A Healthy Skepticism
Source Newsroom: University of North Dakota
Newswise — Jim Whitehead advocates for the tried and true adage that “if it sounds too good to be true, it probably is.”
This is especially the case with product claims made by the dietary supplement industry and other more shady outfits for rapid weight loss, muscle growth, increased energy and all around better health through pills.
Whitehead, professor of physical education, exercise science and wellness at the University of North Dakota,said his skepticism is based on years of study and others’ research on the veracity of health claims versus actual outcomes.
“It’s an interesting topic and one that sometimes gets me into trouble,” Whitehead said jokingly about his research.
He says his goal has been to give consumers the knowledge to discern the credible from the more “dodgy stuff,” as it pertains to science.
Whitehead, a 25-year faculty member at UND, pointed out that, though some substances such as ephedrine, basically, a form of “speed” used in many rapid weight-loss products, have been banned from the market; legislation was passed in 1994 makes it harder for the Food and Drug Administration (FDA) to regulate the pharmaceutical industry. The new rules put the onus on the FDA to “prove harm” before it can ban substances.
And there’s still no real oversight for the industry despite ongoing reports of false claims and evidence of adulterants being found in many health store products.
“It basically still comes down to ‘buyer beware,’” Whitehead said. “It’s all very questionable in my opinion.”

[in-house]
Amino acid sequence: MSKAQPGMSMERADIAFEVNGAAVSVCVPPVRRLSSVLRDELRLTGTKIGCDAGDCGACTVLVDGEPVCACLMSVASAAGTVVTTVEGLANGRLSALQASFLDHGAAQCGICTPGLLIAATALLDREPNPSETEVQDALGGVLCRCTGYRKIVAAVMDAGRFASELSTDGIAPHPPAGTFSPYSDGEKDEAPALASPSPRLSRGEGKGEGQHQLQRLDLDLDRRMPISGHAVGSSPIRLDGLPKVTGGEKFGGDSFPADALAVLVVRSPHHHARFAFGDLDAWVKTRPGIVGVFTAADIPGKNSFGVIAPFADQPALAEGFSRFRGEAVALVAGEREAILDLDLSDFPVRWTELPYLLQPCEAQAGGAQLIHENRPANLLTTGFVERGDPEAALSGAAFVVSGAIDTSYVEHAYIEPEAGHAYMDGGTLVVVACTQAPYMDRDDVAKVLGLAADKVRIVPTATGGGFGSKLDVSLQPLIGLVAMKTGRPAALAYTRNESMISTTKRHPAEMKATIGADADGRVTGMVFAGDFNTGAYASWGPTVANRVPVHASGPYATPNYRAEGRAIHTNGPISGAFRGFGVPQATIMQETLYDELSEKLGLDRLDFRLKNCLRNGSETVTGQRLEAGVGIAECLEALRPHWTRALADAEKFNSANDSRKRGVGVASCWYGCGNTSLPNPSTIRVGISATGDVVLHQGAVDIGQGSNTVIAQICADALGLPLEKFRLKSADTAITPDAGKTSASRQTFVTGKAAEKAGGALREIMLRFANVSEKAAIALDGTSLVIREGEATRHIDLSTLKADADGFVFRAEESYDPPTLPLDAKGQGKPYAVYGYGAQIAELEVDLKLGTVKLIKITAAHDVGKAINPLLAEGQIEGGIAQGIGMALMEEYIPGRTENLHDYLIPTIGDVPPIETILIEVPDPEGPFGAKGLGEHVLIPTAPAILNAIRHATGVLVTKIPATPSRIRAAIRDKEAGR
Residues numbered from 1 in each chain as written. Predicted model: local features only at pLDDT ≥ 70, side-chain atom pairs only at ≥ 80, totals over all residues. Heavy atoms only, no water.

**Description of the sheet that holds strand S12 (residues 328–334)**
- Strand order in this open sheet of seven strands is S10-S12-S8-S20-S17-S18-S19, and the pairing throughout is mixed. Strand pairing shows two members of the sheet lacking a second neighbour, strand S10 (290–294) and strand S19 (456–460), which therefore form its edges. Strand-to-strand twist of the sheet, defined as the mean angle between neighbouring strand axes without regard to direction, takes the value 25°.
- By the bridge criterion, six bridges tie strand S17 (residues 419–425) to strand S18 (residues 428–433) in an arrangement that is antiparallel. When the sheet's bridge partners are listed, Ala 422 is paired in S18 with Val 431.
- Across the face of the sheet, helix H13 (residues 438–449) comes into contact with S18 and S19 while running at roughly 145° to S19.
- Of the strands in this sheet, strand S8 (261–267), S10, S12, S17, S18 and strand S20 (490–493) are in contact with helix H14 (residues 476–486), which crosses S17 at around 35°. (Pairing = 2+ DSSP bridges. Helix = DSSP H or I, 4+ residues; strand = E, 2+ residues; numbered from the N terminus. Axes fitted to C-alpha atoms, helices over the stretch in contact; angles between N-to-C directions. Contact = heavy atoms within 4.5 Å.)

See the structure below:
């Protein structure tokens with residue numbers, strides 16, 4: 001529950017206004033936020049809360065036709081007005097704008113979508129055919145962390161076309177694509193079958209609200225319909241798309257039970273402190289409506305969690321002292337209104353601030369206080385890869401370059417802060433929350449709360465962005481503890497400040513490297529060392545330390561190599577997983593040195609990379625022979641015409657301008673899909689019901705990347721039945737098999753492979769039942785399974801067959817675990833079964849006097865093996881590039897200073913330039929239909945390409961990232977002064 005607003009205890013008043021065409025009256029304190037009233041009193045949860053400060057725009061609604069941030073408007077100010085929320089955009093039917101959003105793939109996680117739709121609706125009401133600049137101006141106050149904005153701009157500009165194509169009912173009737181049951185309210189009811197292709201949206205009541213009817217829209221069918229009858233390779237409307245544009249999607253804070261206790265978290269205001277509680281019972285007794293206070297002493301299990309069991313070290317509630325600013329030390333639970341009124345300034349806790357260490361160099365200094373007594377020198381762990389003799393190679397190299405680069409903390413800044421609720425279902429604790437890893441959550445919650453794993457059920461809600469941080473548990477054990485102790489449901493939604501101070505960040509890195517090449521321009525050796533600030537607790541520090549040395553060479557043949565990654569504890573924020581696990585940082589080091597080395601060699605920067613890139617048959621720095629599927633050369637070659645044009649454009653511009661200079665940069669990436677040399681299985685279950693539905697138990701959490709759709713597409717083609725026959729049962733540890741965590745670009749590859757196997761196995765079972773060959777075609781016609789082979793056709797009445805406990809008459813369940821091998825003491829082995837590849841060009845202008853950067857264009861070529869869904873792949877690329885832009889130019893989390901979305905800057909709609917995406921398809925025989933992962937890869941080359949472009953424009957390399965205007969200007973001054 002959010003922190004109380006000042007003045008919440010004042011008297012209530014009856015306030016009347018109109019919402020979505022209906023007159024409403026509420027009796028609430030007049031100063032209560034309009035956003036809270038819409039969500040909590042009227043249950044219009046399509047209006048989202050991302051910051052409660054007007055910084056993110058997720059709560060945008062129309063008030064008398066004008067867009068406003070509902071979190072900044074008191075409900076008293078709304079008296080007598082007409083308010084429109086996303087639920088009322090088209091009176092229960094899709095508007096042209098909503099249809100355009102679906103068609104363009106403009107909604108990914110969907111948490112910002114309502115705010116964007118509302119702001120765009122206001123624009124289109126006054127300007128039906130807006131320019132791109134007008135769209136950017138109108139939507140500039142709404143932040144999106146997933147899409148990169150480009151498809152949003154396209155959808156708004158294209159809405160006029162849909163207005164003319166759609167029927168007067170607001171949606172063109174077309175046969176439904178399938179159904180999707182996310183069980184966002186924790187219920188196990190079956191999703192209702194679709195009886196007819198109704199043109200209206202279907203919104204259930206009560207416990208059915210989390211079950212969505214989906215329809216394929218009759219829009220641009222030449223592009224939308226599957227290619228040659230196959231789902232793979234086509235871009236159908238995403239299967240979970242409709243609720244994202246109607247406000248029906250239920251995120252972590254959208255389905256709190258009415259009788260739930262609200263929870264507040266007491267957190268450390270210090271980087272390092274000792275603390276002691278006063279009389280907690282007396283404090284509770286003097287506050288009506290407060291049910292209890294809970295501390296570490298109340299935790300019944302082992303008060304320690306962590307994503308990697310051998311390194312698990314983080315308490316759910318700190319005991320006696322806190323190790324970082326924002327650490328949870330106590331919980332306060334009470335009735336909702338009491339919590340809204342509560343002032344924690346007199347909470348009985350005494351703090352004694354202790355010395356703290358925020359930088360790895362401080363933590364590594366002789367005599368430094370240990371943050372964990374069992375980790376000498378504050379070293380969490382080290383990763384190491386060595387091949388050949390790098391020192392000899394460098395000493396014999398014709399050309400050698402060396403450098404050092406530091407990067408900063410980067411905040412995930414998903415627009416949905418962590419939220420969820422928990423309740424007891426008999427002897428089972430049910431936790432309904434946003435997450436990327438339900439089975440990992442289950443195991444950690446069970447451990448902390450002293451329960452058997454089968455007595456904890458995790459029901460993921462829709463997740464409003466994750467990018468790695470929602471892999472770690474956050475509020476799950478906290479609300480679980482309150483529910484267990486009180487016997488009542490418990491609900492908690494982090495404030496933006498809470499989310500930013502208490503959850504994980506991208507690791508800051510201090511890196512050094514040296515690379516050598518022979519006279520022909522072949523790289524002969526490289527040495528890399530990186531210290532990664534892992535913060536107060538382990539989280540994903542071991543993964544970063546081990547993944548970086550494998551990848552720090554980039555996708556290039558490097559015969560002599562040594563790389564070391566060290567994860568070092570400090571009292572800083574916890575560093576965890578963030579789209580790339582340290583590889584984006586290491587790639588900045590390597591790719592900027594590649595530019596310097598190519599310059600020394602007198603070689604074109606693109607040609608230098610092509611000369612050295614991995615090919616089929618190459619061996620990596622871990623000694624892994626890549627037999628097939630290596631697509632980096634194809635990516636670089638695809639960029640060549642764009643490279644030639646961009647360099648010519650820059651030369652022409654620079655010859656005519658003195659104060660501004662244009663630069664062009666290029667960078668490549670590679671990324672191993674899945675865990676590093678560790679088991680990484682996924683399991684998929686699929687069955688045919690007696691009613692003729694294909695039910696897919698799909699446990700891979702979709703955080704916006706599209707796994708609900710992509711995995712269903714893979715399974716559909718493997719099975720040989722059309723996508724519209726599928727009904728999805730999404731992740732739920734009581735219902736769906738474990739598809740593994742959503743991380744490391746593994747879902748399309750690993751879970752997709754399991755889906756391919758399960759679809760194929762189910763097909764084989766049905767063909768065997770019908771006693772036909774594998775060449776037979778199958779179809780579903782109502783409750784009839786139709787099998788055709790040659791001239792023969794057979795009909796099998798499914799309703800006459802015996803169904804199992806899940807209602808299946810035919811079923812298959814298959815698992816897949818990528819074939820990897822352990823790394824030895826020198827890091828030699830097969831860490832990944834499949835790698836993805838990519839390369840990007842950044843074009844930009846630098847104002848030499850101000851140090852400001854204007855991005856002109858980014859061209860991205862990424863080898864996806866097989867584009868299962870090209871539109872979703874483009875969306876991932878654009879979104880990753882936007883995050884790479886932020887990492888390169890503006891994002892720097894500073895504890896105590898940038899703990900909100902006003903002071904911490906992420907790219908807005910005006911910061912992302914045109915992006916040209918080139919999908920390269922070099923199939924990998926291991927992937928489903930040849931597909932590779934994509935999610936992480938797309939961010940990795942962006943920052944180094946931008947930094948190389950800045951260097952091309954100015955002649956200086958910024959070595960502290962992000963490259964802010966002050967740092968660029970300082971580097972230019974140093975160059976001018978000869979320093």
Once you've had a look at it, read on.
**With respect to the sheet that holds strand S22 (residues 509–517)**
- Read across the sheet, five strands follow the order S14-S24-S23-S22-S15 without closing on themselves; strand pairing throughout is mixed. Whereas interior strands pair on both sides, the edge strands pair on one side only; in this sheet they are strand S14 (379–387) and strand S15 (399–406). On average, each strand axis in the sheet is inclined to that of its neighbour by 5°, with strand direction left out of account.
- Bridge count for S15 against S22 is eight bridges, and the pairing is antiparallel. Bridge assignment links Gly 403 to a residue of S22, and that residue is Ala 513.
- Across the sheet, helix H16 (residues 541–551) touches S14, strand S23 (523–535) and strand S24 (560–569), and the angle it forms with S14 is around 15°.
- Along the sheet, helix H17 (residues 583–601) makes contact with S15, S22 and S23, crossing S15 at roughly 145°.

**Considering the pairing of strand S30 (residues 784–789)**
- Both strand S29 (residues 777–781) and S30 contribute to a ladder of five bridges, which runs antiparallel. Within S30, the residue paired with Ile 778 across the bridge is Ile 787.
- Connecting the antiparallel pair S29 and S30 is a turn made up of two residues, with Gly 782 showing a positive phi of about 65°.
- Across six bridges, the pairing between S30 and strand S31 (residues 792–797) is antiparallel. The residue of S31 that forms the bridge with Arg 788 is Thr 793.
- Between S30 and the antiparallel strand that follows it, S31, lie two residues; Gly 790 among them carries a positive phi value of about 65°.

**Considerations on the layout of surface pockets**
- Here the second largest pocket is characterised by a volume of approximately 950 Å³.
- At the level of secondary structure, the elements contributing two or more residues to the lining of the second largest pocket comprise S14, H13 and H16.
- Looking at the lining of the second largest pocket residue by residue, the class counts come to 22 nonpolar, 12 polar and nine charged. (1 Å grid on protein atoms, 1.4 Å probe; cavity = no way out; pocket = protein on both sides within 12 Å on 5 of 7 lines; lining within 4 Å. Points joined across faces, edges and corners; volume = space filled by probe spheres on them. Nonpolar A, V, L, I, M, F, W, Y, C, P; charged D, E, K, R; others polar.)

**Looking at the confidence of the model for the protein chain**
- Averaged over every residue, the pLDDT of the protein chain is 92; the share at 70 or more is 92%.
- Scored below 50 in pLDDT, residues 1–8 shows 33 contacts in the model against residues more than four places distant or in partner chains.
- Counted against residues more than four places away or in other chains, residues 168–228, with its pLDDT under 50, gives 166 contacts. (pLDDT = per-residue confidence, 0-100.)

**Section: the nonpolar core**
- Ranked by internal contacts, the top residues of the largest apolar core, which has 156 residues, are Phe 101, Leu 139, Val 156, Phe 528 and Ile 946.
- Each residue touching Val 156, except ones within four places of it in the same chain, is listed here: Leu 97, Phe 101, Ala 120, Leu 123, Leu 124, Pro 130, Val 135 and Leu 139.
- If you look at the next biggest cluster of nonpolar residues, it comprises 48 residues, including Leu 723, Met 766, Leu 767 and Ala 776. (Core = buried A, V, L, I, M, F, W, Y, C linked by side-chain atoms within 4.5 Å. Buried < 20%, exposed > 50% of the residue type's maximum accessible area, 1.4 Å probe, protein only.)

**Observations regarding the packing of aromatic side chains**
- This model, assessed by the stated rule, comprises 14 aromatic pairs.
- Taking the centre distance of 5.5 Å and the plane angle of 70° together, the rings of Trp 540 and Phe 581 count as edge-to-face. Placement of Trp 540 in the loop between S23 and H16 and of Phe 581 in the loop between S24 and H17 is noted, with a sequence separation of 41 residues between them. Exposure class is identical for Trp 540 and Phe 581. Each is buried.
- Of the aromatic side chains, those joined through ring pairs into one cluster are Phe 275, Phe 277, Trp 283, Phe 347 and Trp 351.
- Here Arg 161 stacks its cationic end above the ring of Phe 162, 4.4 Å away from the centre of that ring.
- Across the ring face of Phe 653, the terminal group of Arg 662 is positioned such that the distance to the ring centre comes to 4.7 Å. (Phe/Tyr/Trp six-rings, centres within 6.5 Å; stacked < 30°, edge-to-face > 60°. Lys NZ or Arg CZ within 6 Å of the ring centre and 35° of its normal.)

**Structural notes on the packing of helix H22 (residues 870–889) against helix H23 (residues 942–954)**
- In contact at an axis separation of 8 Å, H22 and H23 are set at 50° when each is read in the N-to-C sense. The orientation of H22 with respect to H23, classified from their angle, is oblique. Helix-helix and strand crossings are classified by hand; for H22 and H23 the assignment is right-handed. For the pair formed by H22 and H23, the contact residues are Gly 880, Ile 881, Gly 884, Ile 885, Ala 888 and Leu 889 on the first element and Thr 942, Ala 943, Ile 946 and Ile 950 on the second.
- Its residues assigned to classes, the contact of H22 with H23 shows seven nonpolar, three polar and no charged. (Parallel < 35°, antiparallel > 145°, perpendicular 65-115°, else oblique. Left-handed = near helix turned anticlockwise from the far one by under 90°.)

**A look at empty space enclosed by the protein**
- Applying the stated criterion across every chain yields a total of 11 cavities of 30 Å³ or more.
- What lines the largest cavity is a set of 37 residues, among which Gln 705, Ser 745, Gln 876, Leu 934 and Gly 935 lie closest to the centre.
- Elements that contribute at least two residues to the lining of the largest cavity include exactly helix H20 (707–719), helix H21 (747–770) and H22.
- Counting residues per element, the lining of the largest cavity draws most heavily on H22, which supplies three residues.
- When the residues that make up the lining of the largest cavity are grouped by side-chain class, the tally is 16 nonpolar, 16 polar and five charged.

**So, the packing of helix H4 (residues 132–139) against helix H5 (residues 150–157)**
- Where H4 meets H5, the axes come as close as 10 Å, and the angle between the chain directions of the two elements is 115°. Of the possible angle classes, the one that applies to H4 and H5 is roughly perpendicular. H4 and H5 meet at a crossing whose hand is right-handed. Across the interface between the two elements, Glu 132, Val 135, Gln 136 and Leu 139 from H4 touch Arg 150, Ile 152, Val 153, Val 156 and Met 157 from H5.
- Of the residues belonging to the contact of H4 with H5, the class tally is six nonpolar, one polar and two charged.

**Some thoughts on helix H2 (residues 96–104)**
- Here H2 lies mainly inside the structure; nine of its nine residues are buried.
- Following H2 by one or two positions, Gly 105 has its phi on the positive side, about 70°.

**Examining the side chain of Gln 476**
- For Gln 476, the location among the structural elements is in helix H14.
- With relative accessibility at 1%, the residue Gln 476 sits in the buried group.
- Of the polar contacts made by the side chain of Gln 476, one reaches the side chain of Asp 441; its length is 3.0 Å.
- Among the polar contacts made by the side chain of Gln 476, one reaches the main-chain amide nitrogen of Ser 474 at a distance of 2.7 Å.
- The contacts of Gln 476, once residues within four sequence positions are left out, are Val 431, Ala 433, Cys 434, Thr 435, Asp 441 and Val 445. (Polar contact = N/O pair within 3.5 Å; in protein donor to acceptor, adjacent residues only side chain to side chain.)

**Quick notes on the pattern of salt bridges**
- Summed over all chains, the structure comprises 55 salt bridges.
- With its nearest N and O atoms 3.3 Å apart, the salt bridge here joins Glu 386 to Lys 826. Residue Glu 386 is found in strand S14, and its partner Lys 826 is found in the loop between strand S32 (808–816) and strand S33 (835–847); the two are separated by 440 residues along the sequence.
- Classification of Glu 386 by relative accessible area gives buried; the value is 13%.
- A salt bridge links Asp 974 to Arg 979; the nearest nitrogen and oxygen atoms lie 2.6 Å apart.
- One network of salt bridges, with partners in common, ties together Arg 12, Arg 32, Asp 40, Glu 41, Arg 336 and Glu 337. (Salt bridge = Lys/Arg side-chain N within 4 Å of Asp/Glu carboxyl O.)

Whitehead has seen bald-faced claims in magazines that suggest a person can lose 25 pounds of fat in a week. He says simple math and knowing the physiology of the human body shoots that promise down in a hurry. He says that a person can lose a lot of weight in a short period of time – mostly from water – but actual fat doesn’t typically shed that quickly.
Then there are the products for people who want to beef up quickly without much effort. Whitehead says despite the claim, his research has found that a person won’t improve their fitness without the training needed to go along with it.
“Products containing pharmaceuticals can make you feel more energized, but they also can come with various sorts of side effects,” he said.
He also took on the so-called “Muscle & Fiction” industry, which has been pushing protein supplements as a way to build more muscle. But research suggests that 1.7 x the recommended daily allowance of protein is about as much as the body can use to build muscle. The rest escapes as burnt up energy.
Whitehead said that many people claim that it is necessary to take vitamin supplements because the food of today has fewer nutrients than in the past as a result of modern farming practices. Again, Whitehead says there is no real proof this is true.
“(Growers of today) have a vested interest in making sure their crops get the proper nutrients they need so that they can pass healthy, quality products, containing those nutrients, on to consumers,” he said.
Finally, when it comes to acupuncture, Whitehead says studies have been conducted that show pain relief resulting from the practice may be more attributable to the power of the mind than anything else.
“There is little or no evidence that it has any success in reducing pain or having any other beneficial effect,” he said. “Really, it’s an expensive placebo.”
Whitehead touts websites from the American Heart Association, American Cancer Association, American Medical Association, Centers for Disease Control, National Institutes of Health, as well as Quackwatch, and edzardernst.com as quackery watchdogs and reputable sources.
He added that web sources ending in .gov or .edu should be equally safe.